It would take a national movement composed of people from different races, ethnicities, nationalities, and religions to bring about an America fully committed to ending legal discrimination. The Civil Rights Movement culminated in the 1960s with the passage of three major legislative reforms affecting segregation, voting, and housing rights. It presented itself, and was understood by the American people, as consistent with the principles of the founding.
On women, the Commission wrote that “women’s suffrage” was one of many “great reforms…that improve[d] our dedication fo the principles of the Declaration of Independence under the Constitution” and that not only men, but also “women…have changed America for the better.”
None of that sounded sexist and segregationist to us! And, Judd, if you’re reading this, we have a question for you: What is a woman?
Pivoting to the school itself, Legum and Ruhle should know classical education isn’t political, as students will not only study history, but other basic subjects like math, reading, science, and even physical education.
Legum’s Substack piece was even more pathetic in its half-baked propaganda.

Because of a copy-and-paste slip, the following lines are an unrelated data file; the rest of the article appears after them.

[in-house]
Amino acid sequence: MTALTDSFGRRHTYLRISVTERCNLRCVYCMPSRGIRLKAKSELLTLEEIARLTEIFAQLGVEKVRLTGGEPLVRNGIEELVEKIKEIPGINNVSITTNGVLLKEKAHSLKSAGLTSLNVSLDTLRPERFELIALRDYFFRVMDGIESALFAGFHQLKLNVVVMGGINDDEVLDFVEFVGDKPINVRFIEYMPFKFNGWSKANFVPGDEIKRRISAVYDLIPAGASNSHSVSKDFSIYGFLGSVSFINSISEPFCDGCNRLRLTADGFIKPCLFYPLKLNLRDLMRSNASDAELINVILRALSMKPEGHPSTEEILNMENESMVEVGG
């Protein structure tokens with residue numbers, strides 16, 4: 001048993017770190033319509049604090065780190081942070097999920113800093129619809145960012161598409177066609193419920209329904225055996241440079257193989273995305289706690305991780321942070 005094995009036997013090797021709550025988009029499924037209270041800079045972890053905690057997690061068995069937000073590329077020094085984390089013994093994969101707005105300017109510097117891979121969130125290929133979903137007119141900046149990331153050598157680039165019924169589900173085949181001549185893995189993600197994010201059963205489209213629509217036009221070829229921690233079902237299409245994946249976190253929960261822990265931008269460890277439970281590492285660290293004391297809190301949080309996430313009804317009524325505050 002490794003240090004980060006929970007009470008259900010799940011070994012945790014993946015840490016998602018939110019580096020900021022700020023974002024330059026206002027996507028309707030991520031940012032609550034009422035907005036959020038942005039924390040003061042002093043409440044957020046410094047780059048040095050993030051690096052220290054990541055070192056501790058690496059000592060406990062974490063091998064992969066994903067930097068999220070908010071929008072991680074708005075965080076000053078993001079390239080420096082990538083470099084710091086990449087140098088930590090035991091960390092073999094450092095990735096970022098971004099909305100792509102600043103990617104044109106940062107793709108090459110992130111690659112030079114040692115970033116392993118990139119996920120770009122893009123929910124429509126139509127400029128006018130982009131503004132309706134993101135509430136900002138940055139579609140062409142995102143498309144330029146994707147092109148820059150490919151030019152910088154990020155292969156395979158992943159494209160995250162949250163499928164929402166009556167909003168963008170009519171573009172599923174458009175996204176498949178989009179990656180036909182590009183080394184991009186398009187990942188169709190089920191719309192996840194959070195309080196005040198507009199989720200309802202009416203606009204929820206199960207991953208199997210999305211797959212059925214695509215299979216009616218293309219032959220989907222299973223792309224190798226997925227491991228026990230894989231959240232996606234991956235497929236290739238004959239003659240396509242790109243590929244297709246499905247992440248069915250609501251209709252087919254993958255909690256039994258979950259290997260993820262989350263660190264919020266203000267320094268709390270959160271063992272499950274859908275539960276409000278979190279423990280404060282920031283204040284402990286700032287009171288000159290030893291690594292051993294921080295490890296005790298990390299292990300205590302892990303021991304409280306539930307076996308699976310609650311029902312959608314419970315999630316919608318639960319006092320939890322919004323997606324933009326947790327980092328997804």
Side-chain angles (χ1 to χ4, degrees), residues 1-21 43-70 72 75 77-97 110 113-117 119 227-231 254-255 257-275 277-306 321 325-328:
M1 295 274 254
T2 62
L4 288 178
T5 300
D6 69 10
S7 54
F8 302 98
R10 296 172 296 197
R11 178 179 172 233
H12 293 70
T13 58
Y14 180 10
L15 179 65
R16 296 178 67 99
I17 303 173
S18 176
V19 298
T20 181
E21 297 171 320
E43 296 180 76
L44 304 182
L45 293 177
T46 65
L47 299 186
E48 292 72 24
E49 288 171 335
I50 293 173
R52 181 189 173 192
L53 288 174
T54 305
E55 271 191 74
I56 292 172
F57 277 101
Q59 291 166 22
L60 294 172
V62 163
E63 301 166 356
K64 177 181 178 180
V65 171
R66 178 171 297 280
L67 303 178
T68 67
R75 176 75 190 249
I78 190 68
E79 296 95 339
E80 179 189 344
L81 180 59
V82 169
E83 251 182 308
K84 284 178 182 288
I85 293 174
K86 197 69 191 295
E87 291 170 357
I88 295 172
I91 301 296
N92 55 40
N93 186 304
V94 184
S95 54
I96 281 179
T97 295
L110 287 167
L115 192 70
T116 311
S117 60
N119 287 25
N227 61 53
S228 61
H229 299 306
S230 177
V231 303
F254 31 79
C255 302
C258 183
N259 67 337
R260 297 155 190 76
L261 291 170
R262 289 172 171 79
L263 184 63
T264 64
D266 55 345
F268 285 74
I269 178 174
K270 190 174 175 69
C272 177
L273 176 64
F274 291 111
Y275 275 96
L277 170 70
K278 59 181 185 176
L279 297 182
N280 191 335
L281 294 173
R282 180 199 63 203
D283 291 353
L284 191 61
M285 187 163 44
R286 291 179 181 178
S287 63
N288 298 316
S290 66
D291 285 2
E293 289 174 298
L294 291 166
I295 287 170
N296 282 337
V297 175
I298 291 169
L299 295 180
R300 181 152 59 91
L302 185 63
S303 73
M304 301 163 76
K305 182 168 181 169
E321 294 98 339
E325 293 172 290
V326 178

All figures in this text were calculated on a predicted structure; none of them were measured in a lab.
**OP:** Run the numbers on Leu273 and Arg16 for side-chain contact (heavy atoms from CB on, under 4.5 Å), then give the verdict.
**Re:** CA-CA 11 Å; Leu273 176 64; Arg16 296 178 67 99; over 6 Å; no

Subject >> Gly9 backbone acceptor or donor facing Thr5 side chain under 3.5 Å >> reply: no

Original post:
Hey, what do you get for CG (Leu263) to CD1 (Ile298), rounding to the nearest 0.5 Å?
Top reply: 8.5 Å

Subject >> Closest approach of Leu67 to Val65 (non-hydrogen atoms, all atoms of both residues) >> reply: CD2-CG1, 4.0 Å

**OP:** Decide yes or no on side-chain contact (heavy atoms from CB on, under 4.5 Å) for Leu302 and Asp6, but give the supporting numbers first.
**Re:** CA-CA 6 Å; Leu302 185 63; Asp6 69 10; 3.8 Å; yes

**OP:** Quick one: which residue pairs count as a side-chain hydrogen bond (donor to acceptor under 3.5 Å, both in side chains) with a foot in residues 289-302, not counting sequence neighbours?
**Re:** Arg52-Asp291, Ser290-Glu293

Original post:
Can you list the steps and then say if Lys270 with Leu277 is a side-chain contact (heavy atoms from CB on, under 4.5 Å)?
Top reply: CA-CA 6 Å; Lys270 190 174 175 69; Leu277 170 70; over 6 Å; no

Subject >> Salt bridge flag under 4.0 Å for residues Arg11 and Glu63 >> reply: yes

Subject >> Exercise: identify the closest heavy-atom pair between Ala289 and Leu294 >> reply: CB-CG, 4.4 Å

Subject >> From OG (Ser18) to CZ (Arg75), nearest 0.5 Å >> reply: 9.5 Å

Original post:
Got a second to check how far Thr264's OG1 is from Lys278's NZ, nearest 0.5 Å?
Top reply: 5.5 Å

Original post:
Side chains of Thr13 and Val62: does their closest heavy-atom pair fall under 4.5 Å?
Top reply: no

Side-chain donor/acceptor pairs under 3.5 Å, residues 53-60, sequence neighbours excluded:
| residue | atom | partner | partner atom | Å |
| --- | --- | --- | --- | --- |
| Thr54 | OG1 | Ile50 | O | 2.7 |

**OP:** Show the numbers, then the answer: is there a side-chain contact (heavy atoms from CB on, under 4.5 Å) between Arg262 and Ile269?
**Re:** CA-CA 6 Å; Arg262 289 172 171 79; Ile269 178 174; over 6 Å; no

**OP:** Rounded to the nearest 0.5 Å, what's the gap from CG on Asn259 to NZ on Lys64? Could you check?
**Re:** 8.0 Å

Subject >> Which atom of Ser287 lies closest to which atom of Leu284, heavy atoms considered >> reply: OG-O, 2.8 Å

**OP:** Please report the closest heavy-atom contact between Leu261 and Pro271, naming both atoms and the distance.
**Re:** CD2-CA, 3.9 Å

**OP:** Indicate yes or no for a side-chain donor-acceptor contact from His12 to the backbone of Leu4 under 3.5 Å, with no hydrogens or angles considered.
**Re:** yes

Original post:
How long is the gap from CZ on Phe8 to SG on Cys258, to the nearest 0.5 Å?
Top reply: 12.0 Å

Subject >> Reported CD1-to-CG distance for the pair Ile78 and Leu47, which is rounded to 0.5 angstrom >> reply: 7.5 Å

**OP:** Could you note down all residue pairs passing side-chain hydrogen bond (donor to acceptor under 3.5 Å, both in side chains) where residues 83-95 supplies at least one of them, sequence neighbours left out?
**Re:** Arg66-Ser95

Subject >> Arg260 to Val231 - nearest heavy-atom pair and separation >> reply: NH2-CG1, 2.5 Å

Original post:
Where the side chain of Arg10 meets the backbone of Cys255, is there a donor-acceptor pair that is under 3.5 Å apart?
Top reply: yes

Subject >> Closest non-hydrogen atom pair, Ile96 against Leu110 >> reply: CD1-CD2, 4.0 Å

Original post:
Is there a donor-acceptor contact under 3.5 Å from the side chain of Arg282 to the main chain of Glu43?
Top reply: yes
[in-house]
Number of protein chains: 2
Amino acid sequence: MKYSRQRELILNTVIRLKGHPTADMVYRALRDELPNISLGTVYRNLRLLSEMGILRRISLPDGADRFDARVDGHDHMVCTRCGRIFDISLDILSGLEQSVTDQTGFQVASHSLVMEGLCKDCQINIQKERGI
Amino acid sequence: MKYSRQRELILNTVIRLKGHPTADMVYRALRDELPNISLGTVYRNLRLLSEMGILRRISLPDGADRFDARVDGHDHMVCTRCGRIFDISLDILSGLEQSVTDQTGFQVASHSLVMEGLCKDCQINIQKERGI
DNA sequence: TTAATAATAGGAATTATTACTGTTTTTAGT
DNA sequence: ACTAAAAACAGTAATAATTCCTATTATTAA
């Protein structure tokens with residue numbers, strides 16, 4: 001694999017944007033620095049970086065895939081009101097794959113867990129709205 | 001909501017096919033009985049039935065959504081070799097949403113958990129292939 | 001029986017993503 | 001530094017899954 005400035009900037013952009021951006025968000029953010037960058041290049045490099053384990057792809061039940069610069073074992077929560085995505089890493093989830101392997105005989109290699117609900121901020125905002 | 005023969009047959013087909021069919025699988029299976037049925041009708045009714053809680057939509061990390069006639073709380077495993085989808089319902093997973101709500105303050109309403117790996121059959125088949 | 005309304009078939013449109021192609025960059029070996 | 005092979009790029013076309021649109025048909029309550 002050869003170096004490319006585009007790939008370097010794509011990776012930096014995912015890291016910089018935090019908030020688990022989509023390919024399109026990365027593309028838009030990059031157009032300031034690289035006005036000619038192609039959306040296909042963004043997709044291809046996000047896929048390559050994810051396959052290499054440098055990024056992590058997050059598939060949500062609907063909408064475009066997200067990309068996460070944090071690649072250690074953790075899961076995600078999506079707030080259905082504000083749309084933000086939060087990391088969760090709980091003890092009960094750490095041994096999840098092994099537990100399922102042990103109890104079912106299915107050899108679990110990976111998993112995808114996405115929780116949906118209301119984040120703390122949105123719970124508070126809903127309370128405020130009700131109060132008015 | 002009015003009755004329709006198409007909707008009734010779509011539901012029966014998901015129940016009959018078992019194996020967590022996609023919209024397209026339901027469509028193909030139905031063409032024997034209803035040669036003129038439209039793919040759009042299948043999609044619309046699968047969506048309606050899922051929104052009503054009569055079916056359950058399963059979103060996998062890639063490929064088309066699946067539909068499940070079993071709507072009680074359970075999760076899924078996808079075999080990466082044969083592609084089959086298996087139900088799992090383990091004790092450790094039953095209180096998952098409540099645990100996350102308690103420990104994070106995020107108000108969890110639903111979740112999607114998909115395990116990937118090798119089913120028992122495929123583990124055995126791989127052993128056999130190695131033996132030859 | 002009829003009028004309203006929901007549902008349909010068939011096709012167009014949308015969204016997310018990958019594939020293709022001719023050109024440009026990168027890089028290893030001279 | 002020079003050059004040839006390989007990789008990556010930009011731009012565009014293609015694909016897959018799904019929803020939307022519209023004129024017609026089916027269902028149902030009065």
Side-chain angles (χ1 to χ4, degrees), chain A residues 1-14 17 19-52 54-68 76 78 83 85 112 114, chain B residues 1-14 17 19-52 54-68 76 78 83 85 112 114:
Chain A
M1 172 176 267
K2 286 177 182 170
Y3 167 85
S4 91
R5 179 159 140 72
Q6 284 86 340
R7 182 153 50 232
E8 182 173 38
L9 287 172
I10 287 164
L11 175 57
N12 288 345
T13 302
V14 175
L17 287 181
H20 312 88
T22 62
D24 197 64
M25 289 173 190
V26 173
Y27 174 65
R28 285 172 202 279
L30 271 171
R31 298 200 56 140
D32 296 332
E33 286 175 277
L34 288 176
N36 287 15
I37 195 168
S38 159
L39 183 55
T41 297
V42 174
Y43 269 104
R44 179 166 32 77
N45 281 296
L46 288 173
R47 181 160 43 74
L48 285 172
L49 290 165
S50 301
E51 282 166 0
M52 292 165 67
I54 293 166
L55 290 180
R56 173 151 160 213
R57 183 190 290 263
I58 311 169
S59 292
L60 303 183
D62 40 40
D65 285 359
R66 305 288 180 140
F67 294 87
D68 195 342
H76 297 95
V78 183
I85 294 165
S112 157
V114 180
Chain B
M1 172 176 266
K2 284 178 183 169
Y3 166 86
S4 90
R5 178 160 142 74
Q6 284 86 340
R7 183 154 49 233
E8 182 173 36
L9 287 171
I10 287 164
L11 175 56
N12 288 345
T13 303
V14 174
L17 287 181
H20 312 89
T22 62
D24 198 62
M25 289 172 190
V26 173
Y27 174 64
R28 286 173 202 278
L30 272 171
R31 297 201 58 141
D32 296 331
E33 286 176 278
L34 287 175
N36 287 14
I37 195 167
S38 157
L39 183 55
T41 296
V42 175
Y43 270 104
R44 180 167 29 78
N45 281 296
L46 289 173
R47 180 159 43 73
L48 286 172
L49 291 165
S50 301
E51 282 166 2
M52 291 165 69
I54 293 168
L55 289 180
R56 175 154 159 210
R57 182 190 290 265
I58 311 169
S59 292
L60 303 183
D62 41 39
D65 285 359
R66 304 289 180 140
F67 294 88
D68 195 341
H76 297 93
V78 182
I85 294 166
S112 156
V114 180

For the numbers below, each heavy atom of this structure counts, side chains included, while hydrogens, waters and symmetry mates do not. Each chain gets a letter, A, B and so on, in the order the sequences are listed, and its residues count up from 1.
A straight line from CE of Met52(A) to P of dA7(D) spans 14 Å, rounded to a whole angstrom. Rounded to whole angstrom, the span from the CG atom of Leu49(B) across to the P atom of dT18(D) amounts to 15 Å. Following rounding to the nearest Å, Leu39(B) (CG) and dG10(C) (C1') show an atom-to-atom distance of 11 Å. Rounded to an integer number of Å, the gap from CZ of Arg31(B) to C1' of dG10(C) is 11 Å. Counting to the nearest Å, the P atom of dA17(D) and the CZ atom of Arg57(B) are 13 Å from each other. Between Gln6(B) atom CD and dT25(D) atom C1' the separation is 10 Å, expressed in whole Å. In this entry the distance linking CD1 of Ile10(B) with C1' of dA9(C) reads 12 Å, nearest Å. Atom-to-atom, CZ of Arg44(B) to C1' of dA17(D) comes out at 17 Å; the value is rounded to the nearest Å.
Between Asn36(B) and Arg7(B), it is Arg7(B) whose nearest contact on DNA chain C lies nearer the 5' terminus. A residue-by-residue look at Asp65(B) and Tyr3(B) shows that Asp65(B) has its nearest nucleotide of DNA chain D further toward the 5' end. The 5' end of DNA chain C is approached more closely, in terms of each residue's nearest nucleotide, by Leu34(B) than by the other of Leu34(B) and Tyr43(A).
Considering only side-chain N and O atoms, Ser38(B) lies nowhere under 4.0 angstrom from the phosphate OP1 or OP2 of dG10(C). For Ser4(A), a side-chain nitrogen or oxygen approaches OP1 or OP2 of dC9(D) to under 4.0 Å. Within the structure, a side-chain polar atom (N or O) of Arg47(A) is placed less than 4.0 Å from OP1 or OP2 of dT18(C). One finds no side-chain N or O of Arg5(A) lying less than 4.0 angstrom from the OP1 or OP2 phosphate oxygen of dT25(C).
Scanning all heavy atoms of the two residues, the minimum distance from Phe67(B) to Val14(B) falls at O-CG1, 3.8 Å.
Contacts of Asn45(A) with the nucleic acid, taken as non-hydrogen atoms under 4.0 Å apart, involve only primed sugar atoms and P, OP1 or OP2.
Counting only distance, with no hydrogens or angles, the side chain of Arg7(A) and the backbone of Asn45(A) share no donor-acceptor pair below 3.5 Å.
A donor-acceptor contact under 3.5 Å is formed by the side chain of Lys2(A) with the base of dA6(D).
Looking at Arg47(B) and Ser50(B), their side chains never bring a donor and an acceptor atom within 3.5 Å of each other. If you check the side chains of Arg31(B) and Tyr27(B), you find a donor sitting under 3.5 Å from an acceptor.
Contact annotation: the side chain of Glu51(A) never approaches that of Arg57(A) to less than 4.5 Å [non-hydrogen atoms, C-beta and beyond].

Legum spilled ink blasting Ashley River’s Head of School, Alexandria Spry, as a failed educator in Florida at the Jacksonville Classical Academy East:
For the 2022-23 school year, when Spry served as Head of School, Jacksonville Classical Academy East received a grade of “F” from the Florida Department of Education. The school, under Spry’s leadership, saw a low percentage of students receiving passing grades in state assessments for English (29%), math (23%), and science (12%).
Fact-check: False. Legum left out a few key facts. First, this was Jacksonville Classical Academy East’s first year in an impoverished neighborhood, which led to the second point that the student body was disadvantaged but diverse (50 percent black student body with 40 percent economically disadvantaged) and had fled failing public schools exacerbated by their high-crime, high-poverty surroundings.
In turn, students weren’t immediately proficient and, unfortunately, struggled to begin the year, but saw dramatic improvements as the year went on. Legum, of course, ignored this.
According to Florida Department of Education statistics, Spry’s students went from 85 percent being “well below grade level” in October to only 44 percent in May. For reading, the story was much the same with 65 percent failure in October to only 38 percent falling “well below” in May.
This former Think Progress tool should have a basic understanding of how students need time and space to learn and improve throughout the year as the graduate of the ultra-wealthy Ponoma College and Georgetown Law. He’s supposed to be smarter than all of us, right?
But most importantly, Legum should know because his mother has spent over four decades at the selective Key School, a private school in Annapolis where the cost for pre-K starts over $16,000 and high school (“upper school”) can run north of $33,000.
To see the relevant MSNBC transcript from December 17, click here.